The Amundsen Sea is a long way from anywhere – part of the reason why it remained unexplored until relatively recently. Our first mooring was scheduled for day 16 of the cruise and we settled into life on board, doing bits of preparation, other work, going to the gym, meeting our shipmates for the cruise and getting the on-board bakery, i.e., the bread maker going. A Christmas tree appeared in the hallway and we had a party on Christmas Eve to mark the occasion. Sea and weather were kind to us, so the sailing was smooth and it felt more like a cruise to the sub-tropics. This was partly due to the fact that the ship was going east to the Udintsev Fracture Zone to retrieve three moorings that had been deployed there on the last cuise and to do a hydrographic survey. Fracture zones are gaps in the sub-sea ridges that run across the abyssal planes of the world oceans. The Udintsev Fracture Zone steers the Antarctic Circumpolar Current that encircles the Antarctic continent southward and is thought to be one of the reasons why warmer water reaches the ice shelves in the Amundsen and Bellingshausen Seas. After recovering two of three moorings and shaking out a few teething problems in the sampling equipment on board, we started to head south towards the Amundsen Sea and as it started to snow things were looking distinctly more polar.
Karen’s texts got stuck somewhere between the ship and Bergen…. but now they are here and I’ll share her reports with you! First some background…
Why are we going to the Amundsen Sea, who is going on the cruise and where is the Amundsen Sea anyway?
For a long time nobody went to the Amundsen Sea. James Cook turned around at 71° 10’ S in 1774 faced with thick multi-year sea ice and apart from one more attempt by the Belgica in the early 1900s, no ship went there until 1994. That cruise discovered that the bottom layer of water on the continental shelf was filled with warm (1-2 C) and salty water and this explained the high melt rates that glaciologists were seeing under the floating ice shelves that fringe the area. Interest really rose when the glaciologists realized that the area had the highest thinning rates on the Antarctic Ice Sheet. Since the atmosphere in Antarctica is generally too cold to cause much melting at the surface of the ice sheet, the warm ocean layer and the high melt rates in the ice shelf cavities was identified as the culprit. So for the last 15 years there have been regular scientific cruises to the Amundsen Sea to find out what controls the flow of the warm water and how and why it may have changed to cause the observed thinning of the ice shelves.
Our cruise is part of this effort. We are on the South Korean Research Ice Breaker Araon that is owned by the Korea Polar Research Institute KOPRI. Two years ago we went to the Amundsen Sea to Araon to deploy an array of moored instruments to measure the flow, thickness and temperature of the warm water layer. One of these sites has had oceanographic instruments for 8 years, the others have never had any instruments before. Hopefully all of our so-called moorings will have measured temperature, salinity, oxygen and current velocities over the past two years and will come back in one piece when we release them.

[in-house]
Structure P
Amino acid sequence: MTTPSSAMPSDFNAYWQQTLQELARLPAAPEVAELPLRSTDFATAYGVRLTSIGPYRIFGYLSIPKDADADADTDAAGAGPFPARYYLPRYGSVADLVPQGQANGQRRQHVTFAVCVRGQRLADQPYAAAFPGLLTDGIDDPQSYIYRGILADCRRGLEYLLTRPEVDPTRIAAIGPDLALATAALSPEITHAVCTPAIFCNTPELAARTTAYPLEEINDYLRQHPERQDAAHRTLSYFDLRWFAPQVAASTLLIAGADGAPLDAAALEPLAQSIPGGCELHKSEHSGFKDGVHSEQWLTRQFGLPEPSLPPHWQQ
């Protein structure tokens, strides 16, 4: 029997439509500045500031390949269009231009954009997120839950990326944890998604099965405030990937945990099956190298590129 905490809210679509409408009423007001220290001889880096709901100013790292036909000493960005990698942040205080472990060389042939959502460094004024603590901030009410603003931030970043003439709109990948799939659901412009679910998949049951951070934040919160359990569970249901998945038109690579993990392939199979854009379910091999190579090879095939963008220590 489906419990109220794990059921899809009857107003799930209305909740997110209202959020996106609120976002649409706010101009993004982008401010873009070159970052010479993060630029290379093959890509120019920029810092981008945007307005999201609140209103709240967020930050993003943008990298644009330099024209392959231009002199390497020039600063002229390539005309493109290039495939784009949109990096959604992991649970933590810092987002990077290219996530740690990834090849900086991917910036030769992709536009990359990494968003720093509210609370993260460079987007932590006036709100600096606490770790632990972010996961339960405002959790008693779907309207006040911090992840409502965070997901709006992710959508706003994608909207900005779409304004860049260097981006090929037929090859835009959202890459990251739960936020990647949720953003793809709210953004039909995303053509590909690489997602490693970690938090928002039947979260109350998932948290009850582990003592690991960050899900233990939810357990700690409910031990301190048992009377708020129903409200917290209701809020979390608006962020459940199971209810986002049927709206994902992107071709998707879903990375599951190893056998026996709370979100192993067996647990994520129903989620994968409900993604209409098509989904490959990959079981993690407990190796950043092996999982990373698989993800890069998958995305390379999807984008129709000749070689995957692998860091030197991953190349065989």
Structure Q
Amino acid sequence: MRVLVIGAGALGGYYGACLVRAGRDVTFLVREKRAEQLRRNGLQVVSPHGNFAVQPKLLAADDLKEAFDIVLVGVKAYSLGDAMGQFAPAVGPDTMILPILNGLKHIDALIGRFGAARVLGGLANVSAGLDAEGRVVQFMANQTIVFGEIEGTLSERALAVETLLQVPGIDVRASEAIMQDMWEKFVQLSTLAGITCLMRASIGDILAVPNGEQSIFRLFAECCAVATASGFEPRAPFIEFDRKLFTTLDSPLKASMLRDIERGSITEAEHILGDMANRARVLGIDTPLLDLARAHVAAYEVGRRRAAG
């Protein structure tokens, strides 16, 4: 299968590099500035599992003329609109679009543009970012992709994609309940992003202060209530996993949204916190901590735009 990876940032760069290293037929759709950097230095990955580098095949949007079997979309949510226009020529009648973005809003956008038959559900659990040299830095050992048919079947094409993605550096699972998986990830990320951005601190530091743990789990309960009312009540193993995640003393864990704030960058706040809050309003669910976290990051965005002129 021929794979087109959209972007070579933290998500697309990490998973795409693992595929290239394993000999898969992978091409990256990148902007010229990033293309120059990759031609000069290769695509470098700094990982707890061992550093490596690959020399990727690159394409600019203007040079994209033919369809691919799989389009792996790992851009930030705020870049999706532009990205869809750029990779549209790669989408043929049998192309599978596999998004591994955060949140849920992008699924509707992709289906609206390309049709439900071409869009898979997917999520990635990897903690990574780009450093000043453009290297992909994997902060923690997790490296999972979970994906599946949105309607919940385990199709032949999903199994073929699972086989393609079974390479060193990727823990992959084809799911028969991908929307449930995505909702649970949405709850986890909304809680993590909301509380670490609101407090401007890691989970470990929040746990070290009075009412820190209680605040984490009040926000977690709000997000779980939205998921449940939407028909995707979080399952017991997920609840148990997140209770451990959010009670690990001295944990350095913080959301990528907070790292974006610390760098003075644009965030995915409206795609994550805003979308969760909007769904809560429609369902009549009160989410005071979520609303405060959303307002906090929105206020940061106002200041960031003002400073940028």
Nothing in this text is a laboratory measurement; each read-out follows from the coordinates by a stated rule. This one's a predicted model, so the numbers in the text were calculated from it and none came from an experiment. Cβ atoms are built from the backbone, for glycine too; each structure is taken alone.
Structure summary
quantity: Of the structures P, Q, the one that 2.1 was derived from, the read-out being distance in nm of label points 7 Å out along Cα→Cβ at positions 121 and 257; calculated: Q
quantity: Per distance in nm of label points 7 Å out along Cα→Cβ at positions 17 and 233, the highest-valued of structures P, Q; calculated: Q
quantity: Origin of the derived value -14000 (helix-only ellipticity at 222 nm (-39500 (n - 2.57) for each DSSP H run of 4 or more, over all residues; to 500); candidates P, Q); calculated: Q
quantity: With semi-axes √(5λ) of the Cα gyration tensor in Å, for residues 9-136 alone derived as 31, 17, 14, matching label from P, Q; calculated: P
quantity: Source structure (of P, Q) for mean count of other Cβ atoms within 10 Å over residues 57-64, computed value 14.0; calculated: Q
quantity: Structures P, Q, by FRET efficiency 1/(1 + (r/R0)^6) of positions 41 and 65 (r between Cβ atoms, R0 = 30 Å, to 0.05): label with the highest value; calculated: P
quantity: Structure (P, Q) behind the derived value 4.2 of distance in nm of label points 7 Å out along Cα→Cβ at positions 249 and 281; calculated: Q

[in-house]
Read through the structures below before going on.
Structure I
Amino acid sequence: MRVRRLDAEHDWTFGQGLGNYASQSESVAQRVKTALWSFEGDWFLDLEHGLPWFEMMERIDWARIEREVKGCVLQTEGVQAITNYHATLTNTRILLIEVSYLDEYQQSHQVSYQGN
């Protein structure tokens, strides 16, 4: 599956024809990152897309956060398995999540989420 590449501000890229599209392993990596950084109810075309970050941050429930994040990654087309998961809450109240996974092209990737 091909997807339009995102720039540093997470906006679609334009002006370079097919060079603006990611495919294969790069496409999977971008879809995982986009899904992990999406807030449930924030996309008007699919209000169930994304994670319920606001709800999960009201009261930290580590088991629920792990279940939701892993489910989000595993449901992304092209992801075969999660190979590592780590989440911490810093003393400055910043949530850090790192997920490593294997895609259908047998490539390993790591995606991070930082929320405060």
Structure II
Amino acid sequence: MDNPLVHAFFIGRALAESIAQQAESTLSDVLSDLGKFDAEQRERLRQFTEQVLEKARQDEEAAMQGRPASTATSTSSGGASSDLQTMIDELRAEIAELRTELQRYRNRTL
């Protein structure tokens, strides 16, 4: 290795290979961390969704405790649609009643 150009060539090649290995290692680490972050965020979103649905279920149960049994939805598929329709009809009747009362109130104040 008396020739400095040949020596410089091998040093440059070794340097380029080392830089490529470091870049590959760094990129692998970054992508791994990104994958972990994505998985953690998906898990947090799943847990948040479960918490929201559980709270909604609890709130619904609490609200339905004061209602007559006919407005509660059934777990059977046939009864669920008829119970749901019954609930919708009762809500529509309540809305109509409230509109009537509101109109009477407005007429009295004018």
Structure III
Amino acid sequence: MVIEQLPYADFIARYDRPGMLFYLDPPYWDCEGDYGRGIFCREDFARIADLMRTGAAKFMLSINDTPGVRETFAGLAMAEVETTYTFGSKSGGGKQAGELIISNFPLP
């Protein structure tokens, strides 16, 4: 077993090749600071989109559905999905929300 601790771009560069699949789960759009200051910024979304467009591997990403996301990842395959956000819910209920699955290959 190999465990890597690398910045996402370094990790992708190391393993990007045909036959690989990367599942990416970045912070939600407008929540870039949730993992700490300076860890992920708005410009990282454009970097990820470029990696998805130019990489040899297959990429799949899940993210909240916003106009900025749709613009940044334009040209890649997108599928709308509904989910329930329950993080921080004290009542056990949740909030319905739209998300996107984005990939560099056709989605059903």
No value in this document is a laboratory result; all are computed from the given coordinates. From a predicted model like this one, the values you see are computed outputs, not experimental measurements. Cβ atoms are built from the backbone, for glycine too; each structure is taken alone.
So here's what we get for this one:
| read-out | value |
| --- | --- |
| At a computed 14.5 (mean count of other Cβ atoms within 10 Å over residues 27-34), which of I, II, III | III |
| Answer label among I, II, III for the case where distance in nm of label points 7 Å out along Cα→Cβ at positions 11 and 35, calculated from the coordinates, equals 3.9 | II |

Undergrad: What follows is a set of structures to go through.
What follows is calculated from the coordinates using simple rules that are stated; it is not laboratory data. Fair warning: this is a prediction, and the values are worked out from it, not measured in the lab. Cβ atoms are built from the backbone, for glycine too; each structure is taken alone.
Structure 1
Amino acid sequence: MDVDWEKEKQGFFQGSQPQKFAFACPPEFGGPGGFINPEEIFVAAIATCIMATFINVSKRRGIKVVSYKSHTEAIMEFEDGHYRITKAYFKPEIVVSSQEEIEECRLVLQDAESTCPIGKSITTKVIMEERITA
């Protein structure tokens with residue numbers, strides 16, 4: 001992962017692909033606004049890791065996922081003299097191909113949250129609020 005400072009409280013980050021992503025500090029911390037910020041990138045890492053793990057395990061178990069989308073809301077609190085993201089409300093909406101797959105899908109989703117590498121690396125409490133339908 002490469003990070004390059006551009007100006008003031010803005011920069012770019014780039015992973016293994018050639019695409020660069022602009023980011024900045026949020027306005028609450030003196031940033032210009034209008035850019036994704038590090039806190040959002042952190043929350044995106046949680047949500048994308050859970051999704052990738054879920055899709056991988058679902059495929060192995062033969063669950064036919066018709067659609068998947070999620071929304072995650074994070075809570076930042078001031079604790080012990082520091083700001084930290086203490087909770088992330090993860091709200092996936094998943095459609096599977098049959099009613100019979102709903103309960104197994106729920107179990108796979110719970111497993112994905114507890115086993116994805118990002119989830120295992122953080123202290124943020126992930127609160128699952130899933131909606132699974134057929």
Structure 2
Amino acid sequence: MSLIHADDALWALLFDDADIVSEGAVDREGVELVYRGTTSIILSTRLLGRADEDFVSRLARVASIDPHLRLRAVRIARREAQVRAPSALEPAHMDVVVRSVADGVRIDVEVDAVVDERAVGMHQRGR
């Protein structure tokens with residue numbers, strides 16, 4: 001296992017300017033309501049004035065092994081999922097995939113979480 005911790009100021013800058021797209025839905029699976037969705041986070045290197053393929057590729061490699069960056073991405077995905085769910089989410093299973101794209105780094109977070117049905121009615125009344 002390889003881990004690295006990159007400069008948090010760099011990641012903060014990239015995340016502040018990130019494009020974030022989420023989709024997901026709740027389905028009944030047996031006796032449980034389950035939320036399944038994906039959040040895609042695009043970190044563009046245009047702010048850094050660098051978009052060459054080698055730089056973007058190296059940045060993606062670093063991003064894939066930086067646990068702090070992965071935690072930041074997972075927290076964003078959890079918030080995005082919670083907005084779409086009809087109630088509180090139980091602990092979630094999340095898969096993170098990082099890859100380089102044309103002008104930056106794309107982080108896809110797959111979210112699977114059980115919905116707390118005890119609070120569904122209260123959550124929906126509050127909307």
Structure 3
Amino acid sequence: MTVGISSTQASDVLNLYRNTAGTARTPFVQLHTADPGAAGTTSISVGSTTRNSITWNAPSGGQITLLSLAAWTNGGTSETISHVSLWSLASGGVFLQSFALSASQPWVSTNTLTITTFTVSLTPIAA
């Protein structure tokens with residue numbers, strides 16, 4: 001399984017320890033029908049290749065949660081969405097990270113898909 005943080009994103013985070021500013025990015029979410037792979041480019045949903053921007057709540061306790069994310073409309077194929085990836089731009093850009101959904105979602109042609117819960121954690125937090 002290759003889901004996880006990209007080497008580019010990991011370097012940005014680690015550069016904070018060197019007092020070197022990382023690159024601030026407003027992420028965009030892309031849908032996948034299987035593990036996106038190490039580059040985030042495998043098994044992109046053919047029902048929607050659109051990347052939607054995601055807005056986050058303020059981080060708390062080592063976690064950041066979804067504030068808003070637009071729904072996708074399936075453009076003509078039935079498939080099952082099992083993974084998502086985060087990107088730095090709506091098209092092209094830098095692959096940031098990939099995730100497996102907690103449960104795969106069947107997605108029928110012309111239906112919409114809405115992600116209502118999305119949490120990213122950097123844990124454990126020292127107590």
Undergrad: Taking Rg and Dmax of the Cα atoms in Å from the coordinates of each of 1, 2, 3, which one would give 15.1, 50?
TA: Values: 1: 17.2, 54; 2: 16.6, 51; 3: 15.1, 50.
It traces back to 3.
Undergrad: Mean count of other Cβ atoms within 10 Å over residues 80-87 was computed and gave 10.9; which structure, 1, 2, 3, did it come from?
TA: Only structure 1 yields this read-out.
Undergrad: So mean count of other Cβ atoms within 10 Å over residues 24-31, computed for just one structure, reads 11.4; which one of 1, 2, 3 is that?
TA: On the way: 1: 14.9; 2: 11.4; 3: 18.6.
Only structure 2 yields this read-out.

My name is Karen and I work as a researcher at the Department of Marine Sciences at the University of Gothenburg. I have done research in the Antarctic seas and how they interact with the sea ice and ice shelves since my PhD. Then I was mainly using numerical models, now I am mainly working with observations. I was on the Araon cruise two years ago when we put the moorings into the water that we are now recovering. I have started crossing my fingers that they all come back and am really excited to start looking at the data. On board Araon I also run the bread maker a.k.a. the on-board bakery – Korean breakfast isn’t for everybody!
Johan Rolandsson works as a marine technician with MMT (Marine Measurement Technology) in Gothenburg. He went on the Araon cruise in 2014 and will help me with the mooring recoveries and deployments.
Karen on the last Araon cruise to the Amundsen Sea.
The initial cruise track and stations (courtesy of TaeWan Kim).
The South Korean research ice breaker Araon in her natural element on the 2015/16 cruise.
I’m spending the austral summer at home in Bergen for a change – but luckily I’ve got People Down South helping me out! Karen Assmann & Johan Rolandsson from the University of Gothenburg is onboard the Korean Icebreaker Araon in the Amundsen Sea, and these days she’s busy recovering moorings with oceanographic instrumentation that we deployed during a cruise in 2016. During the weekend (while I was out skiing) I received message after message: one more mooring on board!
For now three of my moorings are recovered, meaning two years of data on the flow of water towards and away from the western most front of Getz ice shelf. Until now there were no data at all from this region during Winter!
There is still one more mooring to go – but there is a lot of sea ice around, so not sure they’ll be able to pick it up this time around. Finger’s crossed!
I’ll let you know what happens and hopefully get Karen to send some photos – but for now, I just want to say “Thank you Karen and Johan, well done – and thank you Hoon and KOPRI for letting us join your cruise!”